SepSceneWriMo #26

He asked me if I had any bandages in my pack. I said, “Sure do, if you count a couple ratty t-shirts.” He pulled open his coat to reveal a map of Russia, dark red and spreading. I said, “If you can still feel the pain, then maybe it’s not too late.” He nodded and tucked back up tight, pulled in his knees and asked me for something to drink. I told him, “I been saving this for when I get to Savannah. But I think I could spare a drop.” I tipped the bottle of homemade plum brandy into his mouth. “They call that slivovitz in the Balkans. I just call it dragon’s breath.” He coughed but smiled. That’s harsh, he said. I replied, “You should have tasted it six months ago when I distilled it. It’s illegal, you know, making spirits.” He said he hadn’t known that. He went on to tell me the temperature, cold. I corrected him, “It’s mid-August. If you think it’s cold that means you’re prolly dying.” He nodded. I mentioned, “I’ve got some beef jerky, store-bought, but it might take your mind off, you know, that.” I pointed toward his belly. He shrugged, but I tore him off a piece and he opened his mouth for it. While we chewed, I contemplated his predicament. We were stranded, at least fifty miles from anywhere, on a long route of BNSF’s line down from Yellowknife. I was headed back to the States, back to Georgia to bury my grandma. I knew I’d miss the funeral. But I needed to say goodbye. He’d been fighting with a company-man, took a broken bat, snapped to the shape of a Bowie, right in the gut. Left for dead. There wouldn’t be another train along for days. Riding a few cars up, I’d seen him fall, so I jumped from my car and watched the train vanish. A belly wound like that… “I’ll drag you someplace comfortable.” He groaned like a zombie while I moved him. “Wolves will prolly find you, but, here, you can have the bottle.” He received it and wrapped himself around it. “I get to Clifford-town, I’ll let someone know you’re up here.” He murmured his thanks. “Sorry I couldn’t help.” He shrugged again. I told him, “You should drink a bit at a time, until you feel numb. Then I suggest you finish it off.” He nodded one last time. I straightened and walked down the track. I didn’t look back. I imagine a bunch of folks have died with a belly full of slivovitz.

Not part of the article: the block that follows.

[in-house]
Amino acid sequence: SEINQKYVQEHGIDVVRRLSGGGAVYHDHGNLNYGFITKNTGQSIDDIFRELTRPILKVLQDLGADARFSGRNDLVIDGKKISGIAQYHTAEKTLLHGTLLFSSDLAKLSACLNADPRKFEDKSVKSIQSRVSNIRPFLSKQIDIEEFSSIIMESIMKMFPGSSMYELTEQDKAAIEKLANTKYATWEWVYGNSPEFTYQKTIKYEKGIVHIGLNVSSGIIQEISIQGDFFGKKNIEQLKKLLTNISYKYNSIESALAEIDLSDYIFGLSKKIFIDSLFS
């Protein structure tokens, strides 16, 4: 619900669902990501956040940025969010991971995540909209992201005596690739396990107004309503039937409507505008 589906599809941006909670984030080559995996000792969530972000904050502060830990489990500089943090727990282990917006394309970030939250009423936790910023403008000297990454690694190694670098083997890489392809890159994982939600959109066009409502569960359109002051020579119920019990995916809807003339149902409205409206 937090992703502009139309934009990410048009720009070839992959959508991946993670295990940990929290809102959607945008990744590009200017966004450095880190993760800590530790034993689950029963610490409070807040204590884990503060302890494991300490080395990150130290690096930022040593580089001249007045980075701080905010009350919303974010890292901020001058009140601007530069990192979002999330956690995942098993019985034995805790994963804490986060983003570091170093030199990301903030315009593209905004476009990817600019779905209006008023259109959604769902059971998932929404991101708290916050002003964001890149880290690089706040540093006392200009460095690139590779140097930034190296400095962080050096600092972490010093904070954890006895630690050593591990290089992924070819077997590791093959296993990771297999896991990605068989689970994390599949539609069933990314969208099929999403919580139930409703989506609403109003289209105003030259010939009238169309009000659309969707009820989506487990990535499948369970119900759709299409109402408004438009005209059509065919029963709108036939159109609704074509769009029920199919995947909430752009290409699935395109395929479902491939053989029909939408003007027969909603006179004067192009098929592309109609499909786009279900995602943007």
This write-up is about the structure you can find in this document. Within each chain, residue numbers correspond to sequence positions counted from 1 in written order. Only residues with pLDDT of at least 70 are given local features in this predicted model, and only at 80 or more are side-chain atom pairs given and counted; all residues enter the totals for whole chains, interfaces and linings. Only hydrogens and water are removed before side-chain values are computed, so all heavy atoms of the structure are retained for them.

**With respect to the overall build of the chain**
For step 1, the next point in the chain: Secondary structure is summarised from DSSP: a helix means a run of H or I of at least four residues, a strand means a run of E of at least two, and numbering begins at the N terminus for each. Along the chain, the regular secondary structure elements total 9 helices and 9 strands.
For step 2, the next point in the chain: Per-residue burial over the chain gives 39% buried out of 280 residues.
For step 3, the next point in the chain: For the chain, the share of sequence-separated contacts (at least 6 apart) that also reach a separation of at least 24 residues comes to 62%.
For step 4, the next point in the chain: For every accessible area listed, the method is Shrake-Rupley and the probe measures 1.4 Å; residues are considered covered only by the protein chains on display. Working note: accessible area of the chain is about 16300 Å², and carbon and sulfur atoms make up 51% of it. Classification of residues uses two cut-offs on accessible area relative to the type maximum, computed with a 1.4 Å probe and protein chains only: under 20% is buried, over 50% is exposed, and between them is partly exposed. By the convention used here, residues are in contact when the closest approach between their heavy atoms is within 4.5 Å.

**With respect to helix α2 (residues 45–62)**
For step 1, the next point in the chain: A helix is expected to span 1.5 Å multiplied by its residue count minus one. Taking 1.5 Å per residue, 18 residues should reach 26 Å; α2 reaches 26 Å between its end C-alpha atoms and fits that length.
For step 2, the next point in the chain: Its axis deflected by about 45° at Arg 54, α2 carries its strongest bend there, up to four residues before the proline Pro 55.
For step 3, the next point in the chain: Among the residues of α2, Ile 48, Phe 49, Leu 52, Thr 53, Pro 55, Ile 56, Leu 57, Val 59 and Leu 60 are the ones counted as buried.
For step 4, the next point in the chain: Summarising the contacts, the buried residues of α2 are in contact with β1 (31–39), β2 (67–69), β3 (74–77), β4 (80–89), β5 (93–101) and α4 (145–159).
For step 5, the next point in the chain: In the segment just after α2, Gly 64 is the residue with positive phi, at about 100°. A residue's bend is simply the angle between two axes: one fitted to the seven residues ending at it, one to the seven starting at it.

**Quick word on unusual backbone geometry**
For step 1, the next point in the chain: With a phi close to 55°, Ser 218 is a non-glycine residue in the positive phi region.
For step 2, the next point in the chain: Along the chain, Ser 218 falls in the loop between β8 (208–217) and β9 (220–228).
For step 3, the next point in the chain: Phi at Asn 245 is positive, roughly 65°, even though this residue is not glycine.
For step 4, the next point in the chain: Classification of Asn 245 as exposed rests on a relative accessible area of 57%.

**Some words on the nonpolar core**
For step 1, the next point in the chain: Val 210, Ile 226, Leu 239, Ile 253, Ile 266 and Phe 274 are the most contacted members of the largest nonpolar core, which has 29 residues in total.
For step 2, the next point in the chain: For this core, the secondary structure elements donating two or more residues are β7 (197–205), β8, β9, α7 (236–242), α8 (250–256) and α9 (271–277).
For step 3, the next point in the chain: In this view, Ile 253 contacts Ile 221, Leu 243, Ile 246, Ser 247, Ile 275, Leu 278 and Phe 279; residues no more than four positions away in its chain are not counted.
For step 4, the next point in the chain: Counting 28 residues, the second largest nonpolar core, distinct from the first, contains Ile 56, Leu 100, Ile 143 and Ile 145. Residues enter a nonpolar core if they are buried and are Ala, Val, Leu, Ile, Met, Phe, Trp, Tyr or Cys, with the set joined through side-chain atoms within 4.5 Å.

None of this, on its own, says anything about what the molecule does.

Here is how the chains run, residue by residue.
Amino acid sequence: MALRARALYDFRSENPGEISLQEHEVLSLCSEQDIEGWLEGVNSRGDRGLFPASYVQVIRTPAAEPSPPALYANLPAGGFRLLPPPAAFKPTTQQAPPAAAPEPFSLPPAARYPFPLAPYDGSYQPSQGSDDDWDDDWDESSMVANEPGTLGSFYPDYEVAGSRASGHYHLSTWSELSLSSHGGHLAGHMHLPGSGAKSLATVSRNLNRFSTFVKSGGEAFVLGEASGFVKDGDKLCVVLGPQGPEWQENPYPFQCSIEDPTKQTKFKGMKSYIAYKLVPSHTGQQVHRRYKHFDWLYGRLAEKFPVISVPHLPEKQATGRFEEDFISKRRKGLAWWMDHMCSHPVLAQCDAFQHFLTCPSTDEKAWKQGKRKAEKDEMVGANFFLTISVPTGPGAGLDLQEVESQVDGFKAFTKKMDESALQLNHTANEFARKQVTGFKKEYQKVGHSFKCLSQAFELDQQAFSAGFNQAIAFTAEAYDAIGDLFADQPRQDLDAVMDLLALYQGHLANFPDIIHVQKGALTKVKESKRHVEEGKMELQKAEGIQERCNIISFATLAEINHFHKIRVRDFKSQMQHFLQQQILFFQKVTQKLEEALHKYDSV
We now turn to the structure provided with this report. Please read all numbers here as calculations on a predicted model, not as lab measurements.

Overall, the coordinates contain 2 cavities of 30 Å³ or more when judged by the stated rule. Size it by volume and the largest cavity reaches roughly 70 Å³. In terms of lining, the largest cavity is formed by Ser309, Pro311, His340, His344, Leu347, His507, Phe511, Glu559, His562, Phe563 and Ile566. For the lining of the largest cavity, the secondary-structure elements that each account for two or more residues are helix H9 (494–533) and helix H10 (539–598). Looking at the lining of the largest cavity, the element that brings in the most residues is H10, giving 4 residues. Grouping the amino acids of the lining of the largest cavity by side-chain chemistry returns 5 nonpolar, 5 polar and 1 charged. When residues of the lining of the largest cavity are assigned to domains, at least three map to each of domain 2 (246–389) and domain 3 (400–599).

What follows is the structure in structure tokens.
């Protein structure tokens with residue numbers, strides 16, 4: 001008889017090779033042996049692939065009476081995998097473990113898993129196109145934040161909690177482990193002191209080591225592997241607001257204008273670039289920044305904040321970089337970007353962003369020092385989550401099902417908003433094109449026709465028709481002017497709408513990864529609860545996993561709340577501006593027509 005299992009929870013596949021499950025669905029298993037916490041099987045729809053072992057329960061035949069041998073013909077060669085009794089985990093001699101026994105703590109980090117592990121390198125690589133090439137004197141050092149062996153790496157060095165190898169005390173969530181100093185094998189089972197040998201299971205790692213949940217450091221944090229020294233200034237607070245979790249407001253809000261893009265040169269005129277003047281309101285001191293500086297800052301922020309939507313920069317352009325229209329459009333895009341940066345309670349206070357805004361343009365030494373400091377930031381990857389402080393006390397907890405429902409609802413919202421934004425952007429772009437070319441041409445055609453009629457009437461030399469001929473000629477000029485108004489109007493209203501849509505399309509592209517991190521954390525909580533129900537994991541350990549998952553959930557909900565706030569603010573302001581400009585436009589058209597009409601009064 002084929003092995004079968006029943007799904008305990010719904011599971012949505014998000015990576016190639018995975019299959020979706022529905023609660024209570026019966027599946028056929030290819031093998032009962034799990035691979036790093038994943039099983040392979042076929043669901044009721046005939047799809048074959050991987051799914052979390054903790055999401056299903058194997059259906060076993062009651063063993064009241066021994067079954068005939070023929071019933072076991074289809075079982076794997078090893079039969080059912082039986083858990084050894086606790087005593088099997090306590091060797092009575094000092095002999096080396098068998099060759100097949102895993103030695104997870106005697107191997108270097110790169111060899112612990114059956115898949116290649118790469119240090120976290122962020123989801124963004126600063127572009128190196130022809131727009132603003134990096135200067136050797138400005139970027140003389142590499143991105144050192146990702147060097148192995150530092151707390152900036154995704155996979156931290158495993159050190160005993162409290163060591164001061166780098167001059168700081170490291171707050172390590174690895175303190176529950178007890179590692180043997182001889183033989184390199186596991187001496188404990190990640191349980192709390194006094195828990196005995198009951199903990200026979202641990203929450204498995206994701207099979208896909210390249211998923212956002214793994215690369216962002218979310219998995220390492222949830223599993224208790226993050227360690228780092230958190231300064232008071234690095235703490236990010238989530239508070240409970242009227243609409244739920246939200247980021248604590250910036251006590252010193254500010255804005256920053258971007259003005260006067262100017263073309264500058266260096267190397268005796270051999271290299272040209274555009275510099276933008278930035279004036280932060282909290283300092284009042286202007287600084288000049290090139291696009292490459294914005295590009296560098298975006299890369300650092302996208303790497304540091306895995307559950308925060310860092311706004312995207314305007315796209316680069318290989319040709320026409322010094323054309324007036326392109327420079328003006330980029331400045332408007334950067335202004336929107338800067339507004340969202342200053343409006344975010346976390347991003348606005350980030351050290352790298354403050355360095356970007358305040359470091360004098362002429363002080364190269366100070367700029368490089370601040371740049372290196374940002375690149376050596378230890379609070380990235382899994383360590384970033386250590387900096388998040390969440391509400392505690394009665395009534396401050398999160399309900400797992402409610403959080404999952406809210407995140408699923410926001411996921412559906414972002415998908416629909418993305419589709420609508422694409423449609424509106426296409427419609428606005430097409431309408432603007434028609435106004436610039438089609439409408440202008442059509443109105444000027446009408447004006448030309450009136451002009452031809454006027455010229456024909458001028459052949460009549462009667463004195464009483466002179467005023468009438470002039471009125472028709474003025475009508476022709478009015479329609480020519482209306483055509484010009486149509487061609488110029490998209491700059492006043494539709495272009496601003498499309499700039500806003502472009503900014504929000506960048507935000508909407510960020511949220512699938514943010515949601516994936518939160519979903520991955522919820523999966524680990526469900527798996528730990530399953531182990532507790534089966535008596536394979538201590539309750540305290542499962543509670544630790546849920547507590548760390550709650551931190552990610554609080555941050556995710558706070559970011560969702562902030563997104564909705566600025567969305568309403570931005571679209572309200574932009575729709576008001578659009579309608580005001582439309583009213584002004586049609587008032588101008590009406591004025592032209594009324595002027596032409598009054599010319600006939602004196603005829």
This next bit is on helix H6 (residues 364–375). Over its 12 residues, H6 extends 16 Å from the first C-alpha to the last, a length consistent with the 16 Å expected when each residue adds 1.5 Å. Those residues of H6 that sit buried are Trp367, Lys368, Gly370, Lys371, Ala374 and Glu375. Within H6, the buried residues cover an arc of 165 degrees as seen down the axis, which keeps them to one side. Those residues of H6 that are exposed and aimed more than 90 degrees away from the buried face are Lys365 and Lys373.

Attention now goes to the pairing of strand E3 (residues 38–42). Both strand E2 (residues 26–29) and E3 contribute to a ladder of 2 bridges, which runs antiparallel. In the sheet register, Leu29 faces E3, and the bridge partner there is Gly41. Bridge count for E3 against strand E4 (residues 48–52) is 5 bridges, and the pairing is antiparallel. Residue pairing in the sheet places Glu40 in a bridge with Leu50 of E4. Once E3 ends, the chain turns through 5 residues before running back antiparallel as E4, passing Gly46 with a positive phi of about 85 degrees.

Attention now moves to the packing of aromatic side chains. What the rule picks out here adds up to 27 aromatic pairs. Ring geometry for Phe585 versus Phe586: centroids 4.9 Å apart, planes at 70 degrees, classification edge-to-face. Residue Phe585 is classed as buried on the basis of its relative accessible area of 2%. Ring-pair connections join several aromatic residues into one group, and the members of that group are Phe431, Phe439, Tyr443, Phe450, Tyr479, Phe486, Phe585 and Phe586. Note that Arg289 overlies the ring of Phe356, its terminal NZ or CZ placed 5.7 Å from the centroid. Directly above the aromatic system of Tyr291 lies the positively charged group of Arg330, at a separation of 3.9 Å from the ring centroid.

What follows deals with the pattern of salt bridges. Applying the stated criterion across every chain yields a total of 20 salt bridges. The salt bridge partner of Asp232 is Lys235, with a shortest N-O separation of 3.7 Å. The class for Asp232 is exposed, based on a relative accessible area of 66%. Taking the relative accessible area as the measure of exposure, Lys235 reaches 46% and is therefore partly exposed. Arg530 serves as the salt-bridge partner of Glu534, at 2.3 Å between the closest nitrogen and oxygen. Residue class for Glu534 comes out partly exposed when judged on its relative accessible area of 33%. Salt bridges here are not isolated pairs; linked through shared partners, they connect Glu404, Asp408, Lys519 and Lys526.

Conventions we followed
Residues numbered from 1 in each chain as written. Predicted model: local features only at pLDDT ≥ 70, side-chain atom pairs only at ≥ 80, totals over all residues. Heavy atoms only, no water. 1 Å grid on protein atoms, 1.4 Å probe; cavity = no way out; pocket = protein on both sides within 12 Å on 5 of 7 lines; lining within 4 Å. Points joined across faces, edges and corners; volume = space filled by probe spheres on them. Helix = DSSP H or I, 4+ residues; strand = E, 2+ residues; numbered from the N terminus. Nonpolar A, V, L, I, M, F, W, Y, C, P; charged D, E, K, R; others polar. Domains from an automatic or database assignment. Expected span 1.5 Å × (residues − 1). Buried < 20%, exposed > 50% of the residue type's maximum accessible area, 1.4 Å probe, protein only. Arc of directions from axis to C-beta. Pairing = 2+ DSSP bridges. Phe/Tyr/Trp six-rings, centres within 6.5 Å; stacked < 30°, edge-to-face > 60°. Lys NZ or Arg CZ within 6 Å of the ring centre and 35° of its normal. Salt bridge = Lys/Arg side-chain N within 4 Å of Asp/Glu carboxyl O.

15 thoughts on “SepSceneWriMo #26

  1. I swore I wasn’t going to say anything, but – Now I know in your world real conversations are difficult and I get the whole post modern thing but, just for the sake of Hemingway write one of these where you, as an author, tell us nothing. Zip, zilch, zero, nada. No midstream backstory, no extra 50 cent words no backtracking. Make them tell us. I know it will agonize your control freak but write one that is not one step removed. No I saw him fall from the train.
    Put the words in their mouths or listen and let them. Either way. No oh by the way. The way you cure speed bumps and backing up and dropping backstory because it occurred to you is let the players play. What I’m sayin is write one where you’re nowhere. Then you’ll have your month.

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      1. What I’m sayin’ is take just one out of the lake woebegone open mic night vein. If I can do it with two Greek Goddesses riffing on shitty books you can find one. The hardest habit to break is leaving the last line on the cutting room floor. Just sayin’.

        Liked by 1 person

  2. I liked how the story was in a single paragraph, it gives a real sense of hearing someone tell you the story in person. I feel bad for the wounded man. I think he knew his jig was up. Though I think the narrator should have felt a little sad, although he did do what he could for the fellow.

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  3. The Balkans are not a nice place. The Russians are not so nice either. Neither are the Serbs and the Croats. They all remind me of bitter pottery at an old dig where once stood a prison for the mentally insane. This is from a piece of writing paper from a hotel in Mostar. I didn’t write it, but I kept it. Duke

    Liked by 1 person

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